21. Somalia: ‘Dire and grim’ drought, impacting more than 7 million

    - UN News

    Accompanying Somalia’s newly-appointed drought envoy on his first field visit, the United Nations’ top humanitarian official for the Horn of Africa country warned on Tuesday of the devastating outlook for millions of affected Somalis, amidst heightened risks of famine.

  22. Relief chief underlines need for urgent support as millions face drought in Horn of Africa

    - UN News

    Humanitarians continue to call for scaling up assistance in the Horn of Africa, where the worst drought in 40 years is affecting some 15 million people across Kenya, Ethiopia, and Somalia. 

  23. World ‘at a crossroads’ as droughts increase nearly a third in a generation

    - UN News

    Humanity is “at a crossroads” when it comes to managing drought and accelerating ways of slowing it down must happen “urgently, using every tool we can”, said the head of the UN Convention to Combat Desertification (UNCCD) on Thursday, calling for a global commitment to support drought preparedness and resilience.

  24. Worsening drought in Horn of Africa puts up to 20 million at risk: WFP

    - UN News

    Up to 20 million people could go hungry this year as delayed rains worsen extreme drought in the Horn of Africa region amid a shortfall in humanitarian aid, the World Food Programme (WFP) said on Tuesday. 

  25. UN releases $100 million to fight hunger in 6 African countries and Yemen

    - UN News

    The UN has allocated $100 million to fight hunger in Africa and the Middle East as the spillover effects of the war in Ukraine threaten to push millions even closer to famine.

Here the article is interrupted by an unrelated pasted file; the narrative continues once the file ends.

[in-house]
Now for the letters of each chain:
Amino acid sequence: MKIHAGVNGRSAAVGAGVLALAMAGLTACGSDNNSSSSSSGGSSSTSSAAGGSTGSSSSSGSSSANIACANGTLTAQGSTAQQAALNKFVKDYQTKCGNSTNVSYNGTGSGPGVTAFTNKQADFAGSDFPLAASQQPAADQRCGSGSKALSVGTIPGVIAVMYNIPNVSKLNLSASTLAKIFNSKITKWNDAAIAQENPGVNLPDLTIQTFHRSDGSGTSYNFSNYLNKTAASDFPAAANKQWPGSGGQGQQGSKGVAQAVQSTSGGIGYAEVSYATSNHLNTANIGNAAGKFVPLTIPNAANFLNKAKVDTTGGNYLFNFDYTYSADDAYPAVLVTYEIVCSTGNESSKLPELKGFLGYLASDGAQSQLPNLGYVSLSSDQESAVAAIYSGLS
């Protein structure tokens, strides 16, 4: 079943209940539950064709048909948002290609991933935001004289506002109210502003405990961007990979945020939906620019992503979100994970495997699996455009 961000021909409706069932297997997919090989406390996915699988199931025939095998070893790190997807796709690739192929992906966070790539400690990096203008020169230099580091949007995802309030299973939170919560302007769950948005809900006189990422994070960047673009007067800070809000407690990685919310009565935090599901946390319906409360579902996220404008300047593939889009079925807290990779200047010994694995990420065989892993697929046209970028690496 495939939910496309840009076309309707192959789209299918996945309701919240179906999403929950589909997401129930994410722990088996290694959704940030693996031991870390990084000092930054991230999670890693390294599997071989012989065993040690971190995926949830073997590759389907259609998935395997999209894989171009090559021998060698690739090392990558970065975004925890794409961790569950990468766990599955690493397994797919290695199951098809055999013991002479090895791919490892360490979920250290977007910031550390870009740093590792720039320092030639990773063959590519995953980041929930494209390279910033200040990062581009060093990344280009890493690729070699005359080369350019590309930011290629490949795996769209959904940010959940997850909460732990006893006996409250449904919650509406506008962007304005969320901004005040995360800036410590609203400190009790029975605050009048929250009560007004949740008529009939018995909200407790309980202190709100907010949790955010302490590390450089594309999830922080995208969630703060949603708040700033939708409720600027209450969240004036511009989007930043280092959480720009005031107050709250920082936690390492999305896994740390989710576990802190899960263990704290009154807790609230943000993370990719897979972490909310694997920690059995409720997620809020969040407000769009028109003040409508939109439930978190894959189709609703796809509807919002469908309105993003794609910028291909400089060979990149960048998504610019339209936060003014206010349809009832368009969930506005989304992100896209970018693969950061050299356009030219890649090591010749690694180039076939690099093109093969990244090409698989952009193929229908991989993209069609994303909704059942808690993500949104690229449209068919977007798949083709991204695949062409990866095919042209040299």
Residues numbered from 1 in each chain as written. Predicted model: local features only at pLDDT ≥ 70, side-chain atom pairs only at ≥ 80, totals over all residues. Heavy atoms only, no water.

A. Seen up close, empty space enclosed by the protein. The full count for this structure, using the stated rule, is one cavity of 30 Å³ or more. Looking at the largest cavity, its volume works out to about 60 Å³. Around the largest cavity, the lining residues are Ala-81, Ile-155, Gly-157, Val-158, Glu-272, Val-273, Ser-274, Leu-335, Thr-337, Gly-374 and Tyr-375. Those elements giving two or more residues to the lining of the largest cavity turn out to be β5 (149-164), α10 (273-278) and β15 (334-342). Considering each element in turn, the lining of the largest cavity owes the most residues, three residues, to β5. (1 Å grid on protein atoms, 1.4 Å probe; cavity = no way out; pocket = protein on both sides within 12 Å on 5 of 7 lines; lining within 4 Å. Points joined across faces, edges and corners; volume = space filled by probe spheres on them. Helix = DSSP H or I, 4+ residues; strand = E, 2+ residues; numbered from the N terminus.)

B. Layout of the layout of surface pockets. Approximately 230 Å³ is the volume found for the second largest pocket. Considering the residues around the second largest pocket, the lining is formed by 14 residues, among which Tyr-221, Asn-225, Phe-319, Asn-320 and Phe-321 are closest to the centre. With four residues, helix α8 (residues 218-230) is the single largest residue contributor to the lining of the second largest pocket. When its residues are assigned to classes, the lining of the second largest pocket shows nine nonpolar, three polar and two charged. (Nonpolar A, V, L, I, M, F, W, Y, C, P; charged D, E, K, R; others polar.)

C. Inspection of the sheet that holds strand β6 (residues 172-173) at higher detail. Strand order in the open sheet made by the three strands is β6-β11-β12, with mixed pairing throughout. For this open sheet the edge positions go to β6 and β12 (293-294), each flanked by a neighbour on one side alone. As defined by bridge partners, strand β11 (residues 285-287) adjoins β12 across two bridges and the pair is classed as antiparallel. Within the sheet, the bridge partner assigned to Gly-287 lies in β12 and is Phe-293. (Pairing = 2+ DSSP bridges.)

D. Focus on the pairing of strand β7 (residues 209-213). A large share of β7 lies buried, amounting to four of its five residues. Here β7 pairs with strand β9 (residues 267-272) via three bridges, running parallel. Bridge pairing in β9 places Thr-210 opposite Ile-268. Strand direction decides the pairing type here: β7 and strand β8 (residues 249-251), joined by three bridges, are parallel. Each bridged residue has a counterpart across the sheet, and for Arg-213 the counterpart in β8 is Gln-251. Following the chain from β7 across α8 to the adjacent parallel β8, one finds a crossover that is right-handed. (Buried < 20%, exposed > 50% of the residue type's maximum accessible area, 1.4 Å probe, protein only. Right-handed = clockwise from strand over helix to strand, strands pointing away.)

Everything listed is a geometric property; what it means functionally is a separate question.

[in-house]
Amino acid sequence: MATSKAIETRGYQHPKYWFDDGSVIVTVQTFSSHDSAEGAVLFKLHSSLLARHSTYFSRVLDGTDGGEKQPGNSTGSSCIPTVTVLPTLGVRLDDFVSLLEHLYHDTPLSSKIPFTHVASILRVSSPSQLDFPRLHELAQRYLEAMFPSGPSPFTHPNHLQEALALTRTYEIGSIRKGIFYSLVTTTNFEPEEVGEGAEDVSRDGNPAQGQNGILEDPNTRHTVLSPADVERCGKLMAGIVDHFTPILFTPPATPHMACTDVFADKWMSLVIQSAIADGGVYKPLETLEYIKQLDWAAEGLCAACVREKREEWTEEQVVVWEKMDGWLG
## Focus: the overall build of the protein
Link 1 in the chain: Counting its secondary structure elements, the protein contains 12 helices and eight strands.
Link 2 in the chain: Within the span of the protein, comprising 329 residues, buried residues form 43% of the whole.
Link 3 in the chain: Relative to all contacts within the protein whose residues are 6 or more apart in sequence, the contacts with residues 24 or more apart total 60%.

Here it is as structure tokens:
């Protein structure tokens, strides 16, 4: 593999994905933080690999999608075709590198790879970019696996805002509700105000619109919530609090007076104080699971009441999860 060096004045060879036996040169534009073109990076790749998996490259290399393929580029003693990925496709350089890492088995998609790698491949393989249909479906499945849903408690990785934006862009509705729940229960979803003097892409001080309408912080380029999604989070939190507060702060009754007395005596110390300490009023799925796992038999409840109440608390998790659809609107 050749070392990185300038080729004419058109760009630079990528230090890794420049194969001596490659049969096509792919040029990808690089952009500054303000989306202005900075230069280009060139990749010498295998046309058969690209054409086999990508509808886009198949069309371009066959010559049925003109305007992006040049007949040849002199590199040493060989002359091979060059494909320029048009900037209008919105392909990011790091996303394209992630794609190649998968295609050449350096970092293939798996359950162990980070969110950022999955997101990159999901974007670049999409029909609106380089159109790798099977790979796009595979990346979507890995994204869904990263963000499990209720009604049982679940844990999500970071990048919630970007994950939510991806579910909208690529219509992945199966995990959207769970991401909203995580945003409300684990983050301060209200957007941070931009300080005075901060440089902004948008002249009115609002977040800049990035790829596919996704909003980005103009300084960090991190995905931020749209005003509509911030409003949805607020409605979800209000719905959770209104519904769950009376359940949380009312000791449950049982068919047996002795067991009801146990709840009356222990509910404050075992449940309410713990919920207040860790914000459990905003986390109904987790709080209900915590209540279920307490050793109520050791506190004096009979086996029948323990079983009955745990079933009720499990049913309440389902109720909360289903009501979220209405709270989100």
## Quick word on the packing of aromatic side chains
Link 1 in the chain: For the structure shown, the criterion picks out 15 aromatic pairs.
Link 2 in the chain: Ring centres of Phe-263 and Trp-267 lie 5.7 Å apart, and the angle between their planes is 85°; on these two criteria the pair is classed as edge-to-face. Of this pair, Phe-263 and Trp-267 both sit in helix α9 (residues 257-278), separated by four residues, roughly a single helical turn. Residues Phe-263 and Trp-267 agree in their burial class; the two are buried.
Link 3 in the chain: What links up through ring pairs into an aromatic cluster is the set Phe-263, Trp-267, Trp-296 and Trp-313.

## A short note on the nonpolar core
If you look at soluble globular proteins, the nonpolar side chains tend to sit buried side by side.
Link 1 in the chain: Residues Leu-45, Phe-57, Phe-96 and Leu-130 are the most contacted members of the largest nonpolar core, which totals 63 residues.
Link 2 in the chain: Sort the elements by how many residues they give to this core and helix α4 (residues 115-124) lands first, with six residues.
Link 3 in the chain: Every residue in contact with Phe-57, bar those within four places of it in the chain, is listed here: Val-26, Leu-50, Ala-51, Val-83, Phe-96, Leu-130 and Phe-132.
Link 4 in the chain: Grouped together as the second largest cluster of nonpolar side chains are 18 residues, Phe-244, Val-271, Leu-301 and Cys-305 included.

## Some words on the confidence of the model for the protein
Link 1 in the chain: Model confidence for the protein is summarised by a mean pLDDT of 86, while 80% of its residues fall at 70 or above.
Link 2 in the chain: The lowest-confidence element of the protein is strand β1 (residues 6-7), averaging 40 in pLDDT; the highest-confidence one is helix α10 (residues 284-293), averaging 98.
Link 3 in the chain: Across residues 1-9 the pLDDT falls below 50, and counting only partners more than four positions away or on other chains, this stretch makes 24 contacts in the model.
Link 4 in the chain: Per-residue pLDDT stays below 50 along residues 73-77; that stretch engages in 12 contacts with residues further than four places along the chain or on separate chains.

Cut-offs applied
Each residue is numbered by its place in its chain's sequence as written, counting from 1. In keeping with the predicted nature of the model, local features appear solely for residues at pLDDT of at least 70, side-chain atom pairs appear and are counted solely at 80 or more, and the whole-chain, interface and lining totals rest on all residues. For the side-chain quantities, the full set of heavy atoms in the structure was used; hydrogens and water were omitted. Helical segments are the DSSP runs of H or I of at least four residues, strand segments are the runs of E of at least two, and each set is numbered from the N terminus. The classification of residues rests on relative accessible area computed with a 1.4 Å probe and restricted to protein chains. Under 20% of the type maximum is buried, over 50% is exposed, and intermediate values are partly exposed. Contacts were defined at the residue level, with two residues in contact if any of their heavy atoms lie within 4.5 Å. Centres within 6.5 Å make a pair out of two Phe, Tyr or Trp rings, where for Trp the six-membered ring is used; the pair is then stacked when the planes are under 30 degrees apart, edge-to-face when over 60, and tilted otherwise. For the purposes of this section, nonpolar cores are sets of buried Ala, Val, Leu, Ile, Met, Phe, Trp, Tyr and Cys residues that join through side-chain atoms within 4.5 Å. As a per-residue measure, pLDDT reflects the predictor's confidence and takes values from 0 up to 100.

26. Humanitarians urge action to avert famine in Somalia and South Sudan

    - UN News

    The threat of famine is very real in Somalia and South Sudan and urgent action is needed now to avoid a catastrophe, UN humanitarians warned on Tuesday.

  27. Perils of Hunger, Food Insecurity in Southern Africa- Challenges & Opportunities

    - Inter Press Service

    JOHANNESBURG, South Africa, Apr 05 (IPS) - Food systems are under severe stress around the world now. The thresholds of tolerance are already exceeding limits with millions facing acute food and water scarcity throughout all continents. Over a quarter of Africa’s population are facing hunger and food insecurity. Conflict, droughts, flooding, rising unemployment, inequality, economic crises, and the impacts of Covid-19 pandemic have been ravaging the Continent on an unprecedented scale.

  28. Growing risk of Somalia famine, as drought impact worsens

    - UN News

    The Horn of Africa is experiencing the worst drought since 1981, and a shortfall in aid funding is putting the lives of millions of Somalis in danger.

  29. Severe drought threatens 13 million with hunger in Horn of Africa

    - UN News

    An estimated 13 million people are waking up severely hungry every day in the Horn of Africa, as the region grapples with a major drought caused by the driest conditions since 1981, the World Food Programme (WFP) warned on Tuesday.

  30. No Perfect Solution: Africa's Smallholder Farmers Must Use Both Traditional and New Practices

    - Inter Press Service

    Feb 07 (IPS) - As an agricultural and environmental scientist, I’ve worked for decades exploring the practical challenges that smallholder farmers encounter in East Africa. These include controlling weeds that can choke their crops and looking for new ways to deal with pests or diseases that threaten their harvests.

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  • by Anup Shah